“Care for the soul.” The CyprusAID combination food bank distribution and free outdoor concert on 01 Apr 2013 was mostly to bring people together and show that they are cared for, that they’re not facing these problems alone.
(ZAY len ZORG ah.)
“Watering can principle,” in which subventions are distributed evenly throughout a group without regard to individual needs or priorities, a principle some European arms exporters say they won’t follow if allowed to resume exporting weapons to Syrian rebels. They say they will only give guns to good guys. The UK and France don’t want to renew the EU’s embargo on Syrian arms shipments, which is about to expire.
(GEESE Cannes en prints EEP.)
To this foreigner, Blaupause looks like “blue break,” which might indicate a nice use of free time in a well-situated beer garden because “blue” means drinking in Germany. But the word actually means “blueprints.”
New ESM head Jeroen Dijsselbloem angered some small countries whose economies are dependent on a large banking sector or at least threatened by large bank failures when he indicated that elements found to work in what the EU does in Cyprus—reduction of a banking sector that had grown to 7x the size of the country’s economy, reregulation of the remaining banks—could be applied to other Member States that get in too much trouble.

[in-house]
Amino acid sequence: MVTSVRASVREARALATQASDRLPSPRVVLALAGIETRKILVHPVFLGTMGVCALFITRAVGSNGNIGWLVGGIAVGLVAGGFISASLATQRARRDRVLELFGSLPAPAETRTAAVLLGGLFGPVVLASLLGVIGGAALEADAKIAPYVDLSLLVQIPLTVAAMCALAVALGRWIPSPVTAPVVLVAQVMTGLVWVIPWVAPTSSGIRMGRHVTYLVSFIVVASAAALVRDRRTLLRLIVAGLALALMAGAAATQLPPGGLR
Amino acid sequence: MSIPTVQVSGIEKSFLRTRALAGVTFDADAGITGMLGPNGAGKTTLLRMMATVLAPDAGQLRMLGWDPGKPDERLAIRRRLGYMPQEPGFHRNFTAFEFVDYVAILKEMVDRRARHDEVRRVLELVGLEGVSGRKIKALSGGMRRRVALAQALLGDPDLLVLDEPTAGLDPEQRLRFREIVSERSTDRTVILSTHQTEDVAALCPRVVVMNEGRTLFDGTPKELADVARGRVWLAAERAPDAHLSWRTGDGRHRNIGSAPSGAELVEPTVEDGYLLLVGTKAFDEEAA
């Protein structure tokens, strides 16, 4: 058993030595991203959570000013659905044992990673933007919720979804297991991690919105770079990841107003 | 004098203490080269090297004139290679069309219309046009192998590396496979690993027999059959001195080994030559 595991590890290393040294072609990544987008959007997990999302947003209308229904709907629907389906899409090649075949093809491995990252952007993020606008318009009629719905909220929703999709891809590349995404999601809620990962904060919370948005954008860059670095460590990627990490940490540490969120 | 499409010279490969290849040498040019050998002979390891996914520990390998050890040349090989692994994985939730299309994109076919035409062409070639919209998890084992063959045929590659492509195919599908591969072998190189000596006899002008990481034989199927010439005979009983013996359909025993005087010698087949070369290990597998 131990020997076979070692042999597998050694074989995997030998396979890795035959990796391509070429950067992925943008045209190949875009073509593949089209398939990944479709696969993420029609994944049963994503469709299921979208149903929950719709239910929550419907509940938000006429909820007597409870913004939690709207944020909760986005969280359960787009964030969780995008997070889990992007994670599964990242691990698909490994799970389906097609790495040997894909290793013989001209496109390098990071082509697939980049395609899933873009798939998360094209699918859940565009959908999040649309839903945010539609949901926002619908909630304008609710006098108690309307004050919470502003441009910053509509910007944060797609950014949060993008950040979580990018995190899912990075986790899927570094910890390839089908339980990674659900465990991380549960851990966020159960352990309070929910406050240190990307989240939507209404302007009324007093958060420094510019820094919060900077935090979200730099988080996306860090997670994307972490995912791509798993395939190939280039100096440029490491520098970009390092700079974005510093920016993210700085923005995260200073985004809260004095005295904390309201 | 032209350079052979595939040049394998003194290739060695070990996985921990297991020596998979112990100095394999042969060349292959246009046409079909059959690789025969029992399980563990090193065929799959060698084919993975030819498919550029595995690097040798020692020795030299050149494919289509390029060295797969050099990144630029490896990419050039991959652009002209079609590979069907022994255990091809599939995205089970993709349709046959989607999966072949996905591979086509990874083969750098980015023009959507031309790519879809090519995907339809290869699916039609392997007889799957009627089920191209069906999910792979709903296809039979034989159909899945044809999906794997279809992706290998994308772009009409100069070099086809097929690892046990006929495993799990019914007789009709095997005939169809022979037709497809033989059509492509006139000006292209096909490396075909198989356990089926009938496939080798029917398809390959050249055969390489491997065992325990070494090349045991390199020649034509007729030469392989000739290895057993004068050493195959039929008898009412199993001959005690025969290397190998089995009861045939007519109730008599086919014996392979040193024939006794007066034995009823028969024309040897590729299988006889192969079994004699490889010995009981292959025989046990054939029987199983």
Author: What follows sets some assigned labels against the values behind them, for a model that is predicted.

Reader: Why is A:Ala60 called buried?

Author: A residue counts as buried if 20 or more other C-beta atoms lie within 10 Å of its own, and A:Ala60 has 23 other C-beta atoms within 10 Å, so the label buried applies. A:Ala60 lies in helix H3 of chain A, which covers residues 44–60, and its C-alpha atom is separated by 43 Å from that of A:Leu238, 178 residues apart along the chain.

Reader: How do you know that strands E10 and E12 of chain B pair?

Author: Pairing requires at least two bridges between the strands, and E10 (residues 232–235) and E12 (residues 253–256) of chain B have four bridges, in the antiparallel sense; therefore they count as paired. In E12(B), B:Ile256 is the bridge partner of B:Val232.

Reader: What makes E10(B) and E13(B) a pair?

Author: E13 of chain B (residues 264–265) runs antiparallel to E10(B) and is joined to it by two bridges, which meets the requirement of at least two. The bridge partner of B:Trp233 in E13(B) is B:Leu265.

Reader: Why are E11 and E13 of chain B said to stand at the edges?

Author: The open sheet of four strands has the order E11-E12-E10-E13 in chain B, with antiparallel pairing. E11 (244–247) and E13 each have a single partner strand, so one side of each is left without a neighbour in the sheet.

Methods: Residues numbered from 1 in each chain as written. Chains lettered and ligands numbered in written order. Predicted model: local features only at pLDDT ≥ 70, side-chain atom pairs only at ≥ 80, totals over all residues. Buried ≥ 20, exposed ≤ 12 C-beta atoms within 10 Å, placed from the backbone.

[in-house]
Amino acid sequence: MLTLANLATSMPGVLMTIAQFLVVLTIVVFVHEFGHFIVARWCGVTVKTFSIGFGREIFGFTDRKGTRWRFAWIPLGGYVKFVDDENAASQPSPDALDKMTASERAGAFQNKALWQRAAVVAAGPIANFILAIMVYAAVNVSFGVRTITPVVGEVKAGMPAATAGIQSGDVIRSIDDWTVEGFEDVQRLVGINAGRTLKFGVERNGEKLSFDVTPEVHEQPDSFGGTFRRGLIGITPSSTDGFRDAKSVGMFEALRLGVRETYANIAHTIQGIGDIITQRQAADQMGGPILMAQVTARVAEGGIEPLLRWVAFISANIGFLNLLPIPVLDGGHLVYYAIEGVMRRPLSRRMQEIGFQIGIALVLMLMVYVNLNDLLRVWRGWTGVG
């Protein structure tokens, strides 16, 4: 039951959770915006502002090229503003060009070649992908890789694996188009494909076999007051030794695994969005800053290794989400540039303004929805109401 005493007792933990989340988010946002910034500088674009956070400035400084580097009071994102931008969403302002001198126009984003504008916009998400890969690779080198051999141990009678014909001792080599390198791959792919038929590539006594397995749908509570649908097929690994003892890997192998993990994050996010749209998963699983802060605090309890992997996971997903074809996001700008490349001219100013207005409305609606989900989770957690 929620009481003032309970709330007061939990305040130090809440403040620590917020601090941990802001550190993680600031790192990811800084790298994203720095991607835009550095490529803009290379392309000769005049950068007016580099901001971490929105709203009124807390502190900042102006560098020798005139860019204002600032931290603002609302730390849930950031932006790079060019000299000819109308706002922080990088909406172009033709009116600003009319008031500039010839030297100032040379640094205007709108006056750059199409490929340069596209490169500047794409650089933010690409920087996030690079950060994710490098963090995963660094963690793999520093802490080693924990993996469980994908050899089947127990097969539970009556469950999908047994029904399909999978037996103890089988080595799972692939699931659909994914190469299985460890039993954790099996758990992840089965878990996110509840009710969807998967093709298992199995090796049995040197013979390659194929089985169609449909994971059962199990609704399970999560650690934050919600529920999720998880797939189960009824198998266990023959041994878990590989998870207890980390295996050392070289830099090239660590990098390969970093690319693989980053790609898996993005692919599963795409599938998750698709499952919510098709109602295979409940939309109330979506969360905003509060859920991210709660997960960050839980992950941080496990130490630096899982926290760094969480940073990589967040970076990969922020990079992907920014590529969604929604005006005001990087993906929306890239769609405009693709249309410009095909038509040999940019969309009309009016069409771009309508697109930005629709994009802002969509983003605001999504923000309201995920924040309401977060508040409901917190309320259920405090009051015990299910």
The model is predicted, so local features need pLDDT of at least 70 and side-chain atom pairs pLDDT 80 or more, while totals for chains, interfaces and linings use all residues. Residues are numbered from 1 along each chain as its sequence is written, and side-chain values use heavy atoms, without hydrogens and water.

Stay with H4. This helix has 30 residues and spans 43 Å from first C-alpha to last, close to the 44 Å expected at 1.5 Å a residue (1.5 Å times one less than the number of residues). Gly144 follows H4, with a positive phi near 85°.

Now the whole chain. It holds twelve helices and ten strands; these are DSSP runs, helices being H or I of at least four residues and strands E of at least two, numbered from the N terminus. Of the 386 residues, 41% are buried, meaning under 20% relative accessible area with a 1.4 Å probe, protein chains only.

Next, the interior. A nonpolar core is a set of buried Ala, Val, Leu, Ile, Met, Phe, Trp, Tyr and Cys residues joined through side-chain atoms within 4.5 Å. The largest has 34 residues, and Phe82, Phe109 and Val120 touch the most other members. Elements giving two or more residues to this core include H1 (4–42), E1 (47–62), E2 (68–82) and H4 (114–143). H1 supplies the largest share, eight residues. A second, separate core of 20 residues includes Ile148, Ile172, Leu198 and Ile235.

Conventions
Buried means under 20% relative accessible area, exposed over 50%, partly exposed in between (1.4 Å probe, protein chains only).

About Cyprus: German news reports that, during the past fortnight of negotiations when large transfers from Cypriot banks were supposed to be frozen, over a billion euros were nevertheless transferred off the island by foreign banks, mostly in London. A whistleblower list has appeared containing names of parliament members, local officials and associated companies and organizations that received millions in loans between 2007 and 2012 from the country’s two largest banks (Bank of Cyprus and Laiki Bank, plus Hellenic Bank in only one instance so far) but did not have to pay the full loans back. The only Cypriot political parties not represented on that list were a social democratic party and an environmental party, fwiw. A second whistleblower list is expected to appear containing names of large deposit holders who managed to get their money off the island just in time.
(Bl ow! Pow! Zah.)
“Sparkling wine tax.” In 1902 Kaiser Wilhelm created a champagne tax to help finance construction of the Kiel canal.
(ZECKED shtoy ah.)